Commodities were negative as oil prices decreased by 3.11%. This is the second consecutive sharp decline for oil, though the commodity is still trading near 4-year highs. Prices fell as US stockpile reports increased to 6.5 million barrels – a fourth consecutive increase. Crude inventory also tripled analyst expectations, sending oil buyers running. Two-month futures on oil are trading at the biggest discount in a year as traders expect inventory to continue increasing. Investors are cautiously watching geopolitical events unfold in the coming weeks to better gauge how global demand may be affected.
Gold prices increased by 0.59%, closing above $1,200/oz for the third time in the last seven weeks. Although higher levels were reached during the week, rebounding equities sent the metal lower at week-end. Market volatility and increased geopolitical risk often lead investors into gold as a safe haven asset. However, a strong US dollar makes gold more expensive to purchase for foreign investors and can lead to price swings. Despite the recent rise in gold prices, it has yet to return to its beginning of the year levels.
The 10-year Treasury yield rose from 3.15% to 3.20%, resulting in a negative performance for traditional US bond asset classes. The increase in the 10-year treasury yield follows the Federal Reserve’s comments indicating officials plan to proceed with raising rates as needed. Simultaneously, the 2-year Treasury yield rose to 2.92% – the highest since 2008. In the upcoming weeks, investors will be watching other economic indicators to gauge the direction of rates for the remainder of the year.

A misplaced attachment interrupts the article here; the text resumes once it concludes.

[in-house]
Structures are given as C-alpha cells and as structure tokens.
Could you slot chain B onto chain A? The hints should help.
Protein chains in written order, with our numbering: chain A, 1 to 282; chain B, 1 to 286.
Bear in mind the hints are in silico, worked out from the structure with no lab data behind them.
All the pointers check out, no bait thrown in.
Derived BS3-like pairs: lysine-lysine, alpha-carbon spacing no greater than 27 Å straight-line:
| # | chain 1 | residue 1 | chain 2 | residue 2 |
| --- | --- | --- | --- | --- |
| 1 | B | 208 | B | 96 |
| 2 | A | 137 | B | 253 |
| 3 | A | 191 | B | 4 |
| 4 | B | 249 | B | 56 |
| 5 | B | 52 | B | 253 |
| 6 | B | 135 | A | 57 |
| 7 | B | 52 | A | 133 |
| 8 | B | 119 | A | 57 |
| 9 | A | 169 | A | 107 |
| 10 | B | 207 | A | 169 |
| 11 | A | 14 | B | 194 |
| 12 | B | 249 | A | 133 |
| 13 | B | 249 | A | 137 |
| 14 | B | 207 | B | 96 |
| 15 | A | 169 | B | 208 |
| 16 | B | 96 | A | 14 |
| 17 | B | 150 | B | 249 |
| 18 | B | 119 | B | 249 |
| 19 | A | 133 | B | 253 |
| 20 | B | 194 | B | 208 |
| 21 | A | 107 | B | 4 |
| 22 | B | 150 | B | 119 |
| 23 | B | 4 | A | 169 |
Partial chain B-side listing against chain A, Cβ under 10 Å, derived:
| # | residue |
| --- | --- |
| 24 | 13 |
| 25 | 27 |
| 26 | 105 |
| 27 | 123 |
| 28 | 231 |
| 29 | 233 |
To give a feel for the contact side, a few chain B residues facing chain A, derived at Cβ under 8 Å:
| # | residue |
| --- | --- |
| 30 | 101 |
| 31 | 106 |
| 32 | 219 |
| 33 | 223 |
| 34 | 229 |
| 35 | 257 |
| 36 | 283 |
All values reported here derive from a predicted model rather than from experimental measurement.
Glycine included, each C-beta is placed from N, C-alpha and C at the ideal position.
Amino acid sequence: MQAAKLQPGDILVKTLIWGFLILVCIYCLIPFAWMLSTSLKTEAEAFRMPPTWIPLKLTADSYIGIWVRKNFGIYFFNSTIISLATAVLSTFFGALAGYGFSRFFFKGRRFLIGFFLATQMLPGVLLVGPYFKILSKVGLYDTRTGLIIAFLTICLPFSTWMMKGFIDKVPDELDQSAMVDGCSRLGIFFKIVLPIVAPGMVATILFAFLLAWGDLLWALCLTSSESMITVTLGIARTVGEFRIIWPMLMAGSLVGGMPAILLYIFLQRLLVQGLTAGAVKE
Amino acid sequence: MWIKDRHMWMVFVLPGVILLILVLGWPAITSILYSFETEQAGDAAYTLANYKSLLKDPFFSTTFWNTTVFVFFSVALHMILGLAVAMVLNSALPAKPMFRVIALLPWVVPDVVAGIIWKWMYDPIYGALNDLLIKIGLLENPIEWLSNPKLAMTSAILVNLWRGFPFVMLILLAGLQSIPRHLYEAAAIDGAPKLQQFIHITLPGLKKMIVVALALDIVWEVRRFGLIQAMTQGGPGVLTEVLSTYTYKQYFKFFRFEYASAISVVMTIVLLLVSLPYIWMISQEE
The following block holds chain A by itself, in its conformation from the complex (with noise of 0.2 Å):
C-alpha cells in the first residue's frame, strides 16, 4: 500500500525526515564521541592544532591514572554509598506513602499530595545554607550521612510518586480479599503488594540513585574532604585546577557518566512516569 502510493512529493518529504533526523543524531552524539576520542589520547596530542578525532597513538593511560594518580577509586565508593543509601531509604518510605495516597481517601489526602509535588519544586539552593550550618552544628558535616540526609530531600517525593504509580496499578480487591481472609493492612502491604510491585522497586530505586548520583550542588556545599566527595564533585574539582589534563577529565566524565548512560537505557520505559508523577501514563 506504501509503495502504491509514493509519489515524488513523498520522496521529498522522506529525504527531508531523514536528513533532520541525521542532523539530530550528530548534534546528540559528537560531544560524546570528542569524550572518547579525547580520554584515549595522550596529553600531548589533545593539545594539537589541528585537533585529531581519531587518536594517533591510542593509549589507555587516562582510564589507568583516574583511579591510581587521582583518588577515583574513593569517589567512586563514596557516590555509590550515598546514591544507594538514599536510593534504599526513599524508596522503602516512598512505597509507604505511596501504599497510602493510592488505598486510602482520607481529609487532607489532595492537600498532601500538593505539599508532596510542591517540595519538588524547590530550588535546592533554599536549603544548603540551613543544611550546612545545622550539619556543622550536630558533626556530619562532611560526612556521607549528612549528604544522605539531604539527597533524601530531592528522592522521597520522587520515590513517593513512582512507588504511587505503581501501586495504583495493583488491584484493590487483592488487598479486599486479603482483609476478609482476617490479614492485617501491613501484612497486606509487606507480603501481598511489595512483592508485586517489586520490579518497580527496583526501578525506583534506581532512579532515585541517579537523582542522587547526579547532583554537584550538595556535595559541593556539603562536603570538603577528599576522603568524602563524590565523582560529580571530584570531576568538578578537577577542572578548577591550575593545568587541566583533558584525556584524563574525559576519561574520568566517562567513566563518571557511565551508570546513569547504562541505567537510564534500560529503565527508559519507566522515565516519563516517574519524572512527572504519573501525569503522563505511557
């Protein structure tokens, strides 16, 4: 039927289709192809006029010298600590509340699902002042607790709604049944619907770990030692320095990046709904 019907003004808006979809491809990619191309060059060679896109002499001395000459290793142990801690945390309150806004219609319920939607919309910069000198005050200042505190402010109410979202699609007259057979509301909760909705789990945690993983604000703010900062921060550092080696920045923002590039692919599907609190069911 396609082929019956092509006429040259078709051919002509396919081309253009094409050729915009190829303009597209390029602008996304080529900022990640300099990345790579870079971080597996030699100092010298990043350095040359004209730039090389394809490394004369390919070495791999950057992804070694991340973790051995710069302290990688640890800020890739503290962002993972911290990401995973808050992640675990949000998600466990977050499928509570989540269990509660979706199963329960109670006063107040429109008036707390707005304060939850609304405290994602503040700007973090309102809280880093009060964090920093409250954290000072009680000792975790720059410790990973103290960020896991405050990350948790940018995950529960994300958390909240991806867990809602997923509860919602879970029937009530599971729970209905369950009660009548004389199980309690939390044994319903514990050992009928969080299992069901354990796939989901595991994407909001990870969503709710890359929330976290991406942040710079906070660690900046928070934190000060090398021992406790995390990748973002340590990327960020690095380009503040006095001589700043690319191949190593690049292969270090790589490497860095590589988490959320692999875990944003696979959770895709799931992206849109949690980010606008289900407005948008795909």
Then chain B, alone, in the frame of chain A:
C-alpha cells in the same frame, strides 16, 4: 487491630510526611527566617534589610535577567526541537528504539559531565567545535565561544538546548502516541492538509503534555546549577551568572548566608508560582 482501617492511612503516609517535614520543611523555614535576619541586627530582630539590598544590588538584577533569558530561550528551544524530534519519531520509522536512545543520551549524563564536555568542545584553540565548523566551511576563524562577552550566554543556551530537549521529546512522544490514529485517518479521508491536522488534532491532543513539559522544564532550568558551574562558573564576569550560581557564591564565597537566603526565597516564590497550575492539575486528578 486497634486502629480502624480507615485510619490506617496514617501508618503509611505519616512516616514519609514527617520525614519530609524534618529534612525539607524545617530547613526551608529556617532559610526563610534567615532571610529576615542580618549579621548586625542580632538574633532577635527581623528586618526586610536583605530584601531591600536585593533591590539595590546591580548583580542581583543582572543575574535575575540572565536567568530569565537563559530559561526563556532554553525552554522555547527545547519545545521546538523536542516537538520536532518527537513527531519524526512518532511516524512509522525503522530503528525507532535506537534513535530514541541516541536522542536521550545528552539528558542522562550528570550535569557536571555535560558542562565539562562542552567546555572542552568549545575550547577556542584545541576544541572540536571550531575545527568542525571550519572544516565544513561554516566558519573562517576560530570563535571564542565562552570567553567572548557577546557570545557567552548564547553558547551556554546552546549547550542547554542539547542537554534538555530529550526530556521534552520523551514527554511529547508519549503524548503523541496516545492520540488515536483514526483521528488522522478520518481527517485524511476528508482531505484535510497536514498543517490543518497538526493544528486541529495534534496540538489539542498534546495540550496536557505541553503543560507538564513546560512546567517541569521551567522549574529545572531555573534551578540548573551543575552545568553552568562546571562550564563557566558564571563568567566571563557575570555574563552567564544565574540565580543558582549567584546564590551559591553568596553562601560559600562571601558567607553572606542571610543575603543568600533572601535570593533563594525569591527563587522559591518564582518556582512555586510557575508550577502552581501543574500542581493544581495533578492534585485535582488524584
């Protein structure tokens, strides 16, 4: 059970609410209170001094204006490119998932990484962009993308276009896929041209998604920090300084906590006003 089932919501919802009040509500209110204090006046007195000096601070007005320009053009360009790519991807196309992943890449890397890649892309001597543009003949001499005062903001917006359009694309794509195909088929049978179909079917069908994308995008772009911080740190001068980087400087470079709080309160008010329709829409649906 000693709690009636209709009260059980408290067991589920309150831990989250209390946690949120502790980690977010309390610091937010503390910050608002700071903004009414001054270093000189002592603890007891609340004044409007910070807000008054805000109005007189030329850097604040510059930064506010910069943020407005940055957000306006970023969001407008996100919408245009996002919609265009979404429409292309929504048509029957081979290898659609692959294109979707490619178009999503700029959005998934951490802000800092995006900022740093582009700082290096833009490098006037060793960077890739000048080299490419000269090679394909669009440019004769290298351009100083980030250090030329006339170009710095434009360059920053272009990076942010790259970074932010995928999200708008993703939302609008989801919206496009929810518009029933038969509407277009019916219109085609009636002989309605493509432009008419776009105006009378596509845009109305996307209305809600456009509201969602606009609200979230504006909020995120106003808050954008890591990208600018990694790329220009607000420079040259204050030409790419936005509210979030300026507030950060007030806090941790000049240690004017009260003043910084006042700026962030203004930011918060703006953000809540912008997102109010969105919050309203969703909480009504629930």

High-yield bonds were negative for the week as riskier asset classes remain volatile and credit spreads widened. However, as long as the economy remains healthy, higher-yielding bonds are expected to continue outperforming traditional bonds in the long-run as the risk of default is moderately low.
Asset class indices are mixed so far in 2018, with commodities leading the way and international stocks lagging behind.
Lesson to be learned
No portfolio guarantees success, but a plan never implemented is sure to fail.”
– Rick Ferri
You’re never going to be able to perfectly time market cycles in terms of adding or reducing risk in your portfolio. Even successful investing requires being uncomfortable and wrong much of the time. This is why having a plan in place is so imperative to long-term success. Sticking to a disciplined investment strategy and including a diverse basket of asset classes in your portfolio can help you prepare for the uncertainty the future brings and avoid making detrimental knee-jerk decisions at inopportune times.
Our investment team has two simple indicators we share that help you see how the economy is doing (we call this the Recession Probability Index, or RPI), as well as if the US Stock Market is strong (bull) or weak (bear).
In a nutshell, we want the RPI to be low on the scale of 1 to 100. For the US Equity Bull/Bear indicator, we want it to read least 66.67% bullish. When those two things occur, our research shows market performance is strongest and least volatile.
The Recession Probability Index (RPI) has a current reading of 22.12, forecasting further economic growth and not warning of a recession at this time. The Bull/Bear indicator is currently 100% bullish – 0% neutral – 0% bearish. This means the indicator believes there is a slightly higher than average likelihood of stock market increases in the near term (within the next 18 months).